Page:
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The FARM Illinois mission: Position Illinois as a global leaderThe FARM Illinois mission: Position Illinois as a global leader

Former NORAD commander says FARM Illinois objective has global potential; IFB President Guebert says they are ready for the next steps.

Jill Loehr

April 8, 2016

3 Min Read

During the official FARM Illinois launch in Chicago last week, Retired Four-Star Army General Charles H. Jacoby, Jr. gave the keynote address. Jacoby was the first Army officer to lead North American Aerospace Defense Command and U.S. Northern Command. Today, he is the Senior Vice Chairman of Capitol Peak Asset Management. Capitol Peak provides capital, advice and solutions for companies and public-private critical infrastructure projects that spur economic growth and job creation, with a special focus on rural communities.


After meeting with leaders from FARM Illinois, Jacoby was intrigued by their approach and how they brought such a diverse group of stakeholders together. “They have a vision and road map for how they will accomplish the FARM Illinois mission. I’m an army guy,” Jacoby said. “I love a mission. That’s what I want.”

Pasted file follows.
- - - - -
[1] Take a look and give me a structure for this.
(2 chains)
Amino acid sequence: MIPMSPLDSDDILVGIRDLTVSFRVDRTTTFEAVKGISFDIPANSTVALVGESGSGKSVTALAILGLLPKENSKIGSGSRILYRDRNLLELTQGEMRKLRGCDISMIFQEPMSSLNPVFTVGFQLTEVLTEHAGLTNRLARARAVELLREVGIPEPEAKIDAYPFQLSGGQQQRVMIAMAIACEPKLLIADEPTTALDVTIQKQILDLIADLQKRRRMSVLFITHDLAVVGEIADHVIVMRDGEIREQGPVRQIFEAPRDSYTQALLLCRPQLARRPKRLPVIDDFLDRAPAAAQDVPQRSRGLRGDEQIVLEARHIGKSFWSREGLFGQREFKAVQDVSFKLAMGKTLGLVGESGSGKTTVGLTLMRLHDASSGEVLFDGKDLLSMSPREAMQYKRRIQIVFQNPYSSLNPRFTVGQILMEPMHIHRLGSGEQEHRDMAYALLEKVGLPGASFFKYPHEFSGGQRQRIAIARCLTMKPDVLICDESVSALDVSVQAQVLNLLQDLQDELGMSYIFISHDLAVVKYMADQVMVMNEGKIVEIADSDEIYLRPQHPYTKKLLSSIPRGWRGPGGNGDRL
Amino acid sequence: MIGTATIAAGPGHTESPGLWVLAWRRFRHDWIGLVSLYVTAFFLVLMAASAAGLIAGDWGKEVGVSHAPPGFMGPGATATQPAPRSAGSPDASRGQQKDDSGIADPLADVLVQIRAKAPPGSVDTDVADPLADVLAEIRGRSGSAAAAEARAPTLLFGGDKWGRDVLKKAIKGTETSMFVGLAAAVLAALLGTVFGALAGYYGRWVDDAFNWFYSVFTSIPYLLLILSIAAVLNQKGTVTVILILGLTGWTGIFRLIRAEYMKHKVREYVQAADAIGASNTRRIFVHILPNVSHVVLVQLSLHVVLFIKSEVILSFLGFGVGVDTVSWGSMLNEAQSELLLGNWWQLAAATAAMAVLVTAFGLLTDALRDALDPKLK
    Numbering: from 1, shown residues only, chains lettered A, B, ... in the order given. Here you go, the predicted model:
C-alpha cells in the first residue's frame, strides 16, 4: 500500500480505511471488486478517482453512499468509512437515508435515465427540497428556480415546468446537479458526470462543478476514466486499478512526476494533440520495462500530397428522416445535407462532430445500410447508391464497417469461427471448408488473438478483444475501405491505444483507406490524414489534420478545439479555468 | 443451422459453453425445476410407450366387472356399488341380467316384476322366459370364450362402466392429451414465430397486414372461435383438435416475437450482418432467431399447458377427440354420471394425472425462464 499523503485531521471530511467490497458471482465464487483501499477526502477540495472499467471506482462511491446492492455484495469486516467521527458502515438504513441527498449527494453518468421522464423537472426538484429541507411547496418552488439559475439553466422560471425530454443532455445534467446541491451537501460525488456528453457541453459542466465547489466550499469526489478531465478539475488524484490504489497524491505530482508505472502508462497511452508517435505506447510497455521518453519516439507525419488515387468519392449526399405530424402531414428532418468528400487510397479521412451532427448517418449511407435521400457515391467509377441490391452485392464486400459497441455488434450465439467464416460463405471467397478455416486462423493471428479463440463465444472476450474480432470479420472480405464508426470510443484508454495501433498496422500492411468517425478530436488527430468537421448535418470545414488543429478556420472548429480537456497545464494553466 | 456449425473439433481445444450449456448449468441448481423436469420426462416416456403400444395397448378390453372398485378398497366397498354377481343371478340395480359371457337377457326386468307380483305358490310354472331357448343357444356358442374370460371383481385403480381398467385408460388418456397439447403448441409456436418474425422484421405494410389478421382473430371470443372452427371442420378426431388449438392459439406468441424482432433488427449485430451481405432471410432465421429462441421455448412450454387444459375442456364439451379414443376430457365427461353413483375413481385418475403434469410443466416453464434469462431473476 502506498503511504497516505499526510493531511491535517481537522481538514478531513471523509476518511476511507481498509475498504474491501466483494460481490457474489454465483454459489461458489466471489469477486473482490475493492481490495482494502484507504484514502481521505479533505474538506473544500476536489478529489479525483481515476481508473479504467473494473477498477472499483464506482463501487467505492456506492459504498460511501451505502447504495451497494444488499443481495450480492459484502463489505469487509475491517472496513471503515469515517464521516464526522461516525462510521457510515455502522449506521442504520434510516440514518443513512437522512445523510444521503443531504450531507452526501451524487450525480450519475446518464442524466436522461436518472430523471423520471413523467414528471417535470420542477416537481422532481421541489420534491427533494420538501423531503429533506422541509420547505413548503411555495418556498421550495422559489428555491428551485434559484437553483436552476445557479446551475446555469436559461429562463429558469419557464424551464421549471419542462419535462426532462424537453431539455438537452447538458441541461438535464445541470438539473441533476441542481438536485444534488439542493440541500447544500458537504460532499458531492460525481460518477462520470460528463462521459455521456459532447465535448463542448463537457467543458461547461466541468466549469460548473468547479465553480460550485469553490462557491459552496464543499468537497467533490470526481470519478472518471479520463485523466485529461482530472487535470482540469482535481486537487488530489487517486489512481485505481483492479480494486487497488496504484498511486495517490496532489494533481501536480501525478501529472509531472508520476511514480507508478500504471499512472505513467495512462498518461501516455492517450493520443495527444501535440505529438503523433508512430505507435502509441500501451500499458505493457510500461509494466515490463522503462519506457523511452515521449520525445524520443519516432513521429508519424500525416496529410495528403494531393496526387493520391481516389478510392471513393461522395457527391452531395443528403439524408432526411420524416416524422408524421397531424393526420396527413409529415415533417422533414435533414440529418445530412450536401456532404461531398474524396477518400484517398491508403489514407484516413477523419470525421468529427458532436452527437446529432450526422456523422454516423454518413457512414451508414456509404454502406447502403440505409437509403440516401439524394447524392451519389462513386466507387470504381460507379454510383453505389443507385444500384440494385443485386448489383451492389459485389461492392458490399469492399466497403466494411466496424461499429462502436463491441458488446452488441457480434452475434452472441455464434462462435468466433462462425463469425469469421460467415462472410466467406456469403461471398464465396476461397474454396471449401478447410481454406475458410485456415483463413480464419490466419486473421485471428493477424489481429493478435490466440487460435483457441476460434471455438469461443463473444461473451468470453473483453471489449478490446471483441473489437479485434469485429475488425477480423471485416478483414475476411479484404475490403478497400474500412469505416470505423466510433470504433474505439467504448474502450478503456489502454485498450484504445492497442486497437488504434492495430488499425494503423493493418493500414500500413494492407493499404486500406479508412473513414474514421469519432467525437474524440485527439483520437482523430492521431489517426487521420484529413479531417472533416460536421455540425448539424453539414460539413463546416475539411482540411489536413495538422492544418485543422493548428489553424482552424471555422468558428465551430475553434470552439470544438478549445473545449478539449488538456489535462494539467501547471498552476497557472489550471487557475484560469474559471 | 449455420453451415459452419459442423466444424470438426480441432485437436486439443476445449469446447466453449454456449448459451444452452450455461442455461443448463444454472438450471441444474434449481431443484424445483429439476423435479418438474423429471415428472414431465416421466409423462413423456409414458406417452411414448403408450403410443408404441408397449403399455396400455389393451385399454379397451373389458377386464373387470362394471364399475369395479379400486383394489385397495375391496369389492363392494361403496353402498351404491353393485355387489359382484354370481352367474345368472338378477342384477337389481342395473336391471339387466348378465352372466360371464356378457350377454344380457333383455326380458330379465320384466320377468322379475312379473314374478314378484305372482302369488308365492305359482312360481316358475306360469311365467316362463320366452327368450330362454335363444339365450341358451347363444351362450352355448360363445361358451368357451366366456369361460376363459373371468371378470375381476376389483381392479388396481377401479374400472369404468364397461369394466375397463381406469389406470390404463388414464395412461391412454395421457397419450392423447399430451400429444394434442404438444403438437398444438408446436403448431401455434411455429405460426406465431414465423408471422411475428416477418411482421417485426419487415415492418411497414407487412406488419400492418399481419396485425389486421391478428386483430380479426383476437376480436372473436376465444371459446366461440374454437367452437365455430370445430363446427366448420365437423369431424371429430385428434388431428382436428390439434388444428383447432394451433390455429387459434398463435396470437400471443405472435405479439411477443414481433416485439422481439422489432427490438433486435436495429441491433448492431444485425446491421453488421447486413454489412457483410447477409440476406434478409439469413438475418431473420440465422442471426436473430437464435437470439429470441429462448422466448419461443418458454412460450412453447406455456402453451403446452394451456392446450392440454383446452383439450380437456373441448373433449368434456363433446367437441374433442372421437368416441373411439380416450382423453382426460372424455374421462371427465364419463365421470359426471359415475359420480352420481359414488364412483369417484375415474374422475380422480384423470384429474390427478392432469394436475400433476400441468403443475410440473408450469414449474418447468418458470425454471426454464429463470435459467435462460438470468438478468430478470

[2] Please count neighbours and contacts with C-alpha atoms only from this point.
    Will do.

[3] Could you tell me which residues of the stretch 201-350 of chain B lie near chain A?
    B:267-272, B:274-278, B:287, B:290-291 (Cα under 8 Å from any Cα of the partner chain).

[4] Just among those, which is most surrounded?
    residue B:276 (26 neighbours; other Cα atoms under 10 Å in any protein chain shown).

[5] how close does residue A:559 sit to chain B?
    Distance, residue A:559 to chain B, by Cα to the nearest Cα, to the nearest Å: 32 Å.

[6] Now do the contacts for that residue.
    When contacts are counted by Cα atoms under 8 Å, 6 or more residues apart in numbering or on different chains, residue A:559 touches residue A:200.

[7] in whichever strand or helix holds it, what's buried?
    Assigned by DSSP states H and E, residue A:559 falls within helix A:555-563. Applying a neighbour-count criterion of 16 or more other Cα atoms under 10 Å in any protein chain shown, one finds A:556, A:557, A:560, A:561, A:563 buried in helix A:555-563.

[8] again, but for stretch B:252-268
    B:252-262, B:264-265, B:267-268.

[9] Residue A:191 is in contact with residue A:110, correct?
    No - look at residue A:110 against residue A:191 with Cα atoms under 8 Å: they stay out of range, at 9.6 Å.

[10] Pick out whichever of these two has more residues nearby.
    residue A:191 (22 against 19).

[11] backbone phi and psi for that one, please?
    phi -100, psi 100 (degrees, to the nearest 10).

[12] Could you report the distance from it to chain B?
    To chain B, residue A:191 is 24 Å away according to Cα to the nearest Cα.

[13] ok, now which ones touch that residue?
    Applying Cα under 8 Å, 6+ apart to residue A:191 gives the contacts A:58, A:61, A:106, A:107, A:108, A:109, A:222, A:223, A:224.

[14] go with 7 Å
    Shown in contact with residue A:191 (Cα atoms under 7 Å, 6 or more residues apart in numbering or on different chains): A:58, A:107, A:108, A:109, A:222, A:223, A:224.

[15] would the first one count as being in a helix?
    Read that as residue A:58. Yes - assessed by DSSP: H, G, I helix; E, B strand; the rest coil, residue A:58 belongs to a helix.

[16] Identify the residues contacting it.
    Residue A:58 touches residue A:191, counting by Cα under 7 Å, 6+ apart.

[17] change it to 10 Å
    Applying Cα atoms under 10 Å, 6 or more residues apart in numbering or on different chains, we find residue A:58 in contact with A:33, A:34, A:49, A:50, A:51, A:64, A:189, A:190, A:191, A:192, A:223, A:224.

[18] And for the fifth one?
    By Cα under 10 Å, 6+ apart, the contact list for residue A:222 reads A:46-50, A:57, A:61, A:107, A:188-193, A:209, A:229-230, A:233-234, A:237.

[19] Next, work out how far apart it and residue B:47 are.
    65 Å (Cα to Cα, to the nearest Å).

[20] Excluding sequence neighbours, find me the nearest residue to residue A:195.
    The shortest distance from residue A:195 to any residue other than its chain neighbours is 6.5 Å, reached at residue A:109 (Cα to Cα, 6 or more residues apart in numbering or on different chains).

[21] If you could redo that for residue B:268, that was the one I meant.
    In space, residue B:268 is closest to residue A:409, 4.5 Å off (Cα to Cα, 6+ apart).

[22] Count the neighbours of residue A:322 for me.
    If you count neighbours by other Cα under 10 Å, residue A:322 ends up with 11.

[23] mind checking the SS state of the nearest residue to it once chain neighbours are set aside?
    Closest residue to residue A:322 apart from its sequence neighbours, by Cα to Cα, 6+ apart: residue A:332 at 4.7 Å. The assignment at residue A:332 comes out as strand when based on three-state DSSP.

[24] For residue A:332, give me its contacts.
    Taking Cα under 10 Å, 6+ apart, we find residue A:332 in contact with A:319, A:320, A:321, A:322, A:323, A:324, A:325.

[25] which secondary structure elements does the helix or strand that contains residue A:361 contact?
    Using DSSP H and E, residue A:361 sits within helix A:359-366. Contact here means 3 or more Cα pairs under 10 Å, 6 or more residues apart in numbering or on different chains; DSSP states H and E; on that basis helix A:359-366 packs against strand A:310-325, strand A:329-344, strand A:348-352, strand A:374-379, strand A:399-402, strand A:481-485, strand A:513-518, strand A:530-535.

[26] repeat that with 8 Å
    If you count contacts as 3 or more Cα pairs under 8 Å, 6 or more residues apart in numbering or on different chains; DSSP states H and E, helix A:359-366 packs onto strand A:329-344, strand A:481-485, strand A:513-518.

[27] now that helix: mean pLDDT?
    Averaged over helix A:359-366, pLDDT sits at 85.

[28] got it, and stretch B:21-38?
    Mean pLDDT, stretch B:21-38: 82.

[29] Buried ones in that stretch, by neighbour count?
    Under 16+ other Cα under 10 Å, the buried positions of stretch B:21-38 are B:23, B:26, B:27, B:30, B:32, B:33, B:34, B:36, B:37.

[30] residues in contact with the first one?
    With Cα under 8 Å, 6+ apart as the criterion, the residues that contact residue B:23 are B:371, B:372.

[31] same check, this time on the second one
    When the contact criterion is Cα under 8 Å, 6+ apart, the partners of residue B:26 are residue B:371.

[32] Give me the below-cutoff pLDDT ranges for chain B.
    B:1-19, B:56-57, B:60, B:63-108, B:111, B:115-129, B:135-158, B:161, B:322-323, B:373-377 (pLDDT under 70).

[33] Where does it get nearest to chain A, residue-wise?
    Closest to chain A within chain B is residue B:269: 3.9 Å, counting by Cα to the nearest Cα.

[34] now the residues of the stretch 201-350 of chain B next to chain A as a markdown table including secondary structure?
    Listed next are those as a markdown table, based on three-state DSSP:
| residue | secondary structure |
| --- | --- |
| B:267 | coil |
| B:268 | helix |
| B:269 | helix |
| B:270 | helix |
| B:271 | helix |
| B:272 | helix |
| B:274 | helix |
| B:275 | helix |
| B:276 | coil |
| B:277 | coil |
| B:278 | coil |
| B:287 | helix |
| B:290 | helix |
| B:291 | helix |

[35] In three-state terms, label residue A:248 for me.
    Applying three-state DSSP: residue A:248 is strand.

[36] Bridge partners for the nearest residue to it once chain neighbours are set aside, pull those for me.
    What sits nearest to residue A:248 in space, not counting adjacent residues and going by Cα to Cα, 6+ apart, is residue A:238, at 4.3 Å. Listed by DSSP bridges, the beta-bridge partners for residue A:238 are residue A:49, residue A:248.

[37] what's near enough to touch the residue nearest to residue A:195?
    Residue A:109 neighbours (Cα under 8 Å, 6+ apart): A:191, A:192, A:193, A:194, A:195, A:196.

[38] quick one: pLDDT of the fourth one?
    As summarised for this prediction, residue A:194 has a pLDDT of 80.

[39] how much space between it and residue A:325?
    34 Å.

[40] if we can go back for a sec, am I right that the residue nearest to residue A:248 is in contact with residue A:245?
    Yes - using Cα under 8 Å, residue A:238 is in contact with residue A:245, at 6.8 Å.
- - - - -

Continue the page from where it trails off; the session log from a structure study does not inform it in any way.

Jacoby also noted the FARM Illinois mission is clear. “It’s to posture Illinois to be a global leader in agriculture and innovation,” Jacoby said. “And to contribute to community health, create innovative solutions to Ag challenges and sustain the environment.”

The FARM Illinois plan was outlined in May 2015. “If you look back a number of years ago, my predecessor, Philip Nelson and along with Bob Easter, put together a vision for Illinois agriculture,” said Illinois Farm Bureau President Richard Guebert. “Meaning, we wanted to be a leader in Ag production. We wanted to be a leader in biotechnology. We wanted to be a leader in food manufacturing. We’re taking this to the next level.”


The next level, the ultimate goal of FARM Illinois, serves more than the farming community. “It serves the interest of all citizens of Illinois and citizens throughout the country,” Jacoby noted.

Embracing globalization

“You have a choice now. Being in favor of what’s happening globally, and prospering in it that environment, or being a victim of it. And that means leadership,” said Jacoby. “And that’s what I love about FARM Illinois. You are demonstrating acts of leadership here.”

Jacoby said to mitigate the downside of a global environment, you have to be able to profit and prosper in that environment. “Our economic power has been a driver that’s influenced the world and made us a global leader,” Jacoby noted. “What you do in Illinois, what you do in this Agriculture space, is a huge piece of that.”

Boosting a state into a global food and agriculture leadership position won’t happen overnight. But, in time, is the mission possible? 

“It’s like anything else,” Jacoby said. “You have to have goals, or a mission, and you chip away at it”

About the Author(s)

Jill Loehr

Associate Editor, Prairie Farmer, Loehr

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